18 May 2022

'English first', says DUP councillor

The council were discussing the details of Irish language nameplate signage.

'English first', says DUP councillor

A DUP councillor has criticised a council policy on dual language that places a second language – most commonly Irish - above English on nameplates throughout the area.

Mid Ulster District Council discussed the nameplate policy at last week's Environment Committee after unionist councillors raised objections at the placement of the respective languages.

Councillor Meta Graham said English should be placed first on the signs, and branded screening for equality and good relations a 'joke'.

“English is spoken, written and understood by everyone in the council, so why on earth is there no common sense used here?” she asked the Committee.

“If this is simply a case of nationalists being able to do whatever they want because you have the greater numbers, then frankly, it's pathetic.

“All we are asking for is English first. The whole point of a second language is that it comes second to English. Surely that's why it's called a second language.

“As for equality and good relations, it just seems like that's a joke, because I have been inundated over the last few weeks with complaints about these signs making their way into rural areas.”

Cllr Graham also drew the council's attention to signs that had been spray-painted over and said the policy was causing tensions among neighbours.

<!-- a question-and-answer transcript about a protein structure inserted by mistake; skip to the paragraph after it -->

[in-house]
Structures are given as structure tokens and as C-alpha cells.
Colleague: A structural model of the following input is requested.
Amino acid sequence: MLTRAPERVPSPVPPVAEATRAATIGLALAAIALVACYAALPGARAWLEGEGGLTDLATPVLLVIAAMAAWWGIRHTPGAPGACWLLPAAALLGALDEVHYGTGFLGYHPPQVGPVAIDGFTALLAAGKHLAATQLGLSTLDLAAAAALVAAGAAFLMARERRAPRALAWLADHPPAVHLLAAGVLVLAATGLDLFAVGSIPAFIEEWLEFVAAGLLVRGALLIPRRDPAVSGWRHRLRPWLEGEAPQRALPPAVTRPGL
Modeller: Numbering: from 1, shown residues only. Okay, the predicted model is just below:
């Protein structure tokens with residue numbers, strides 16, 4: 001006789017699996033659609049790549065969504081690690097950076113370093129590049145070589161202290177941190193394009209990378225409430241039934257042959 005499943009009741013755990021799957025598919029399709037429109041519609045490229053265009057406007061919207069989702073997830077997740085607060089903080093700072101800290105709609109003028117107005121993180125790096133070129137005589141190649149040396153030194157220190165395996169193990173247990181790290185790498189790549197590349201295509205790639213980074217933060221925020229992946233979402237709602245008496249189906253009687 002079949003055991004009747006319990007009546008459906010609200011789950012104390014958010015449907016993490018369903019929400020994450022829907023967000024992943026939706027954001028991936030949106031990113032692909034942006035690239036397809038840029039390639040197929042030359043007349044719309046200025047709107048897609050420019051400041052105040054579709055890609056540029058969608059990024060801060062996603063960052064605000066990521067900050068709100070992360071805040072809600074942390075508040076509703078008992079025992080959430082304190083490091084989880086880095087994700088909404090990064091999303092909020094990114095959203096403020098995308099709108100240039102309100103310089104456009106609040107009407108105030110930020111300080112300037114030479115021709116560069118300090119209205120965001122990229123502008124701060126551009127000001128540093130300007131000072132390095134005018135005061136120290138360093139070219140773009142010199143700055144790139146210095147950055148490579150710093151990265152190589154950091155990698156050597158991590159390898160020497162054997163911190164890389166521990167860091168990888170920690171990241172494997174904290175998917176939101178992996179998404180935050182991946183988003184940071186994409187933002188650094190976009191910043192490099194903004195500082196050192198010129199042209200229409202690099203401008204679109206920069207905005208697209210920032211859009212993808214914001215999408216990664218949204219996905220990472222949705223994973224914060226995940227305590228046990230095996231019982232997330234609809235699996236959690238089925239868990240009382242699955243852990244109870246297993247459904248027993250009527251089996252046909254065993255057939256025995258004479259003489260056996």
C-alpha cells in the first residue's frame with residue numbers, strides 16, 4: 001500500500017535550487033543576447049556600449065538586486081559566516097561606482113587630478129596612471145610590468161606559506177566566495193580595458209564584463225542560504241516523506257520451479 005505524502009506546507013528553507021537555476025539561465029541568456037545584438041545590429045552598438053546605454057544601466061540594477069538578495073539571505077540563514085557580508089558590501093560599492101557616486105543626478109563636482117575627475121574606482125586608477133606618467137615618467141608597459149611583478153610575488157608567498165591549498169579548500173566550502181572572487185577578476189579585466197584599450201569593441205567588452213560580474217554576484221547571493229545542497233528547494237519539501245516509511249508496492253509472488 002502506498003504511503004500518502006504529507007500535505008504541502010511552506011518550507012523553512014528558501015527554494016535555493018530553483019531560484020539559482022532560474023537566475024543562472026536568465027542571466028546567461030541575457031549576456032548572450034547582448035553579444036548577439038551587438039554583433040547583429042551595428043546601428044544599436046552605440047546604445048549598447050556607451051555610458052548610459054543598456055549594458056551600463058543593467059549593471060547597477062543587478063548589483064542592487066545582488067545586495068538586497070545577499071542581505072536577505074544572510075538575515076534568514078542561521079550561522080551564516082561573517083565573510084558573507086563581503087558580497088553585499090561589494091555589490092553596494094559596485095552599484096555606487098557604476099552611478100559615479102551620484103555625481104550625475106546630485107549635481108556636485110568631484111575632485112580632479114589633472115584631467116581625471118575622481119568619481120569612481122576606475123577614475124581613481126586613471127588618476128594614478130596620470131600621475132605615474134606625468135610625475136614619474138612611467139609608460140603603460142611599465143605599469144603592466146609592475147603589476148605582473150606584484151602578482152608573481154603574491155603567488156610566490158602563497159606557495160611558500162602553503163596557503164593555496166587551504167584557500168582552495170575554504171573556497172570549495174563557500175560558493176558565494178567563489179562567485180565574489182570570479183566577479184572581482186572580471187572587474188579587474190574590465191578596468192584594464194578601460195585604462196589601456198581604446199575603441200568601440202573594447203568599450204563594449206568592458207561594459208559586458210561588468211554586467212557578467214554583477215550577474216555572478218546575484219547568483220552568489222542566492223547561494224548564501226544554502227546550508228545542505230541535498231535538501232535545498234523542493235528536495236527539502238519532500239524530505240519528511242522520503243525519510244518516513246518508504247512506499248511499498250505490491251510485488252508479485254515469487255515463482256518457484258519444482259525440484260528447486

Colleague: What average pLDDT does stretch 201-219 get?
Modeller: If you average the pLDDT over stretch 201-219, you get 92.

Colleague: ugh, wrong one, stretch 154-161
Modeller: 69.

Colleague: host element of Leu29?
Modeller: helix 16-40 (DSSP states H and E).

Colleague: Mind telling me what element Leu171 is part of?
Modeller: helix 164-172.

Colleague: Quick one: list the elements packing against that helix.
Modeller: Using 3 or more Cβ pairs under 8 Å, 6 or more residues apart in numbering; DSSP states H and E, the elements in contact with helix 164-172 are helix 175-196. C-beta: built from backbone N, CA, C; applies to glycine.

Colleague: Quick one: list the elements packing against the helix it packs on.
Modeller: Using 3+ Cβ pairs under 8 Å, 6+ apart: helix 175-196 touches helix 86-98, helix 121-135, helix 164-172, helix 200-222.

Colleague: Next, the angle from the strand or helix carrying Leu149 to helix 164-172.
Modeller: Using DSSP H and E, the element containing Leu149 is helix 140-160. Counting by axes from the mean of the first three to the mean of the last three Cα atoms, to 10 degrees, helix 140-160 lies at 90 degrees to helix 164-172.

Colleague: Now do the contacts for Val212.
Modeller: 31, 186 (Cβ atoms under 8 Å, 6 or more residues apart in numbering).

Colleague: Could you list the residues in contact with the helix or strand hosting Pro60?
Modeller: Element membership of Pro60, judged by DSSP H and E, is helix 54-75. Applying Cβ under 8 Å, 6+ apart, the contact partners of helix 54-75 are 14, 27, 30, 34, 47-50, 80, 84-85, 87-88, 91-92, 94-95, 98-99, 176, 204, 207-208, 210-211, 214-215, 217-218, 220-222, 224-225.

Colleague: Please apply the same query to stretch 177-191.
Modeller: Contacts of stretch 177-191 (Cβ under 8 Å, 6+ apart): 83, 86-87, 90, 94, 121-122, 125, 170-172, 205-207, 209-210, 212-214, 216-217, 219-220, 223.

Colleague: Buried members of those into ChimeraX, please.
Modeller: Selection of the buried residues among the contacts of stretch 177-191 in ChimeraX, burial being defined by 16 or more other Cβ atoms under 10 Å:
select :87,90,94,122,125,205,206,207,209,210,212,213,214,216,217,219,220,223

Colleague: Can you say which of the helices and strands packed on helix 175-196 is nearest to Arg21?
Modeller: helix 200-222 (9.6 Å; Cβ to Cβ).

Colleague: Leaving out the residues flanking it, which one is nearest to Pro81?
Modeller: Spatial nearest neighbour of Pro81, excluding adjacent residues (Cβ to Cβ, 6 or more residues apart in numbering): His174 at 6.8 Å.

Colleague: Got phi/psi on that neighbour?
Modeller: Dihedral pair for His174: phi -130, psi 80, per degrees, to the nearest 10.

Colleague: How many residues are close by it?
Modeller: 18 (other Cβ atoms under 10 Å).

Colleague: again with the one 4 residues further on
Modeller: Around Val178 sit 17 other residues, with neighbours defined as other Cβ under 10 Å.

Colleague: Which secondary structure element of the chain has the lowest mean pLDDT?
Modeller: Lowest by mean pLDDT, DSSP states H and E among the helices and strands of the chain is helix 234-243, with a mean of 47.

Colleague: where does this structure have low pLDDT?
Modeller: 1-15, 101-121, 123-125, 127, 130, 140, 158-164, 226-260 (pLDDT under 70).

“On Sunday, I witnessed no less than five signs which had been damaged and defaced and four of them were spray-painted green, white and orange,” she said.

“If that isn't an attempt to intimidate, then I don't know what is. It's as bad, if not worse than the continual defacing of road signs for Londonderry, where the London is painted over and blacked out.

“I know of one housing development in a mixed area where neighbours wished each other a good day on the Twelfth, where some families were going off to parades and others to Bundoran.

“Then a survey arrived, and straight away it caused suspicion and upset. People saw it as a way of marking out territory and even though the sign didn't go up, it has left a very bad taste in their area.

“This is the reality of this policy. It causes tensions and bad feeling and does absolutely nothing to further community relations.

Cllr Niall McAleer accused unionist councillors of double standards over the condemnation of vandalism on street signage.

“It's disappointing but unsurprising to have this again from some unionist councillors,” he said. “There's a lot of talk about signs being divisive, but not much about them being wrecked right across the district.

“Unionist councillors need to call out the destruction of the signs instead of continually picking holes in the policy,” he added.

A motion calling on the Committee not to ratify the policy was defeated by nine votes to six.

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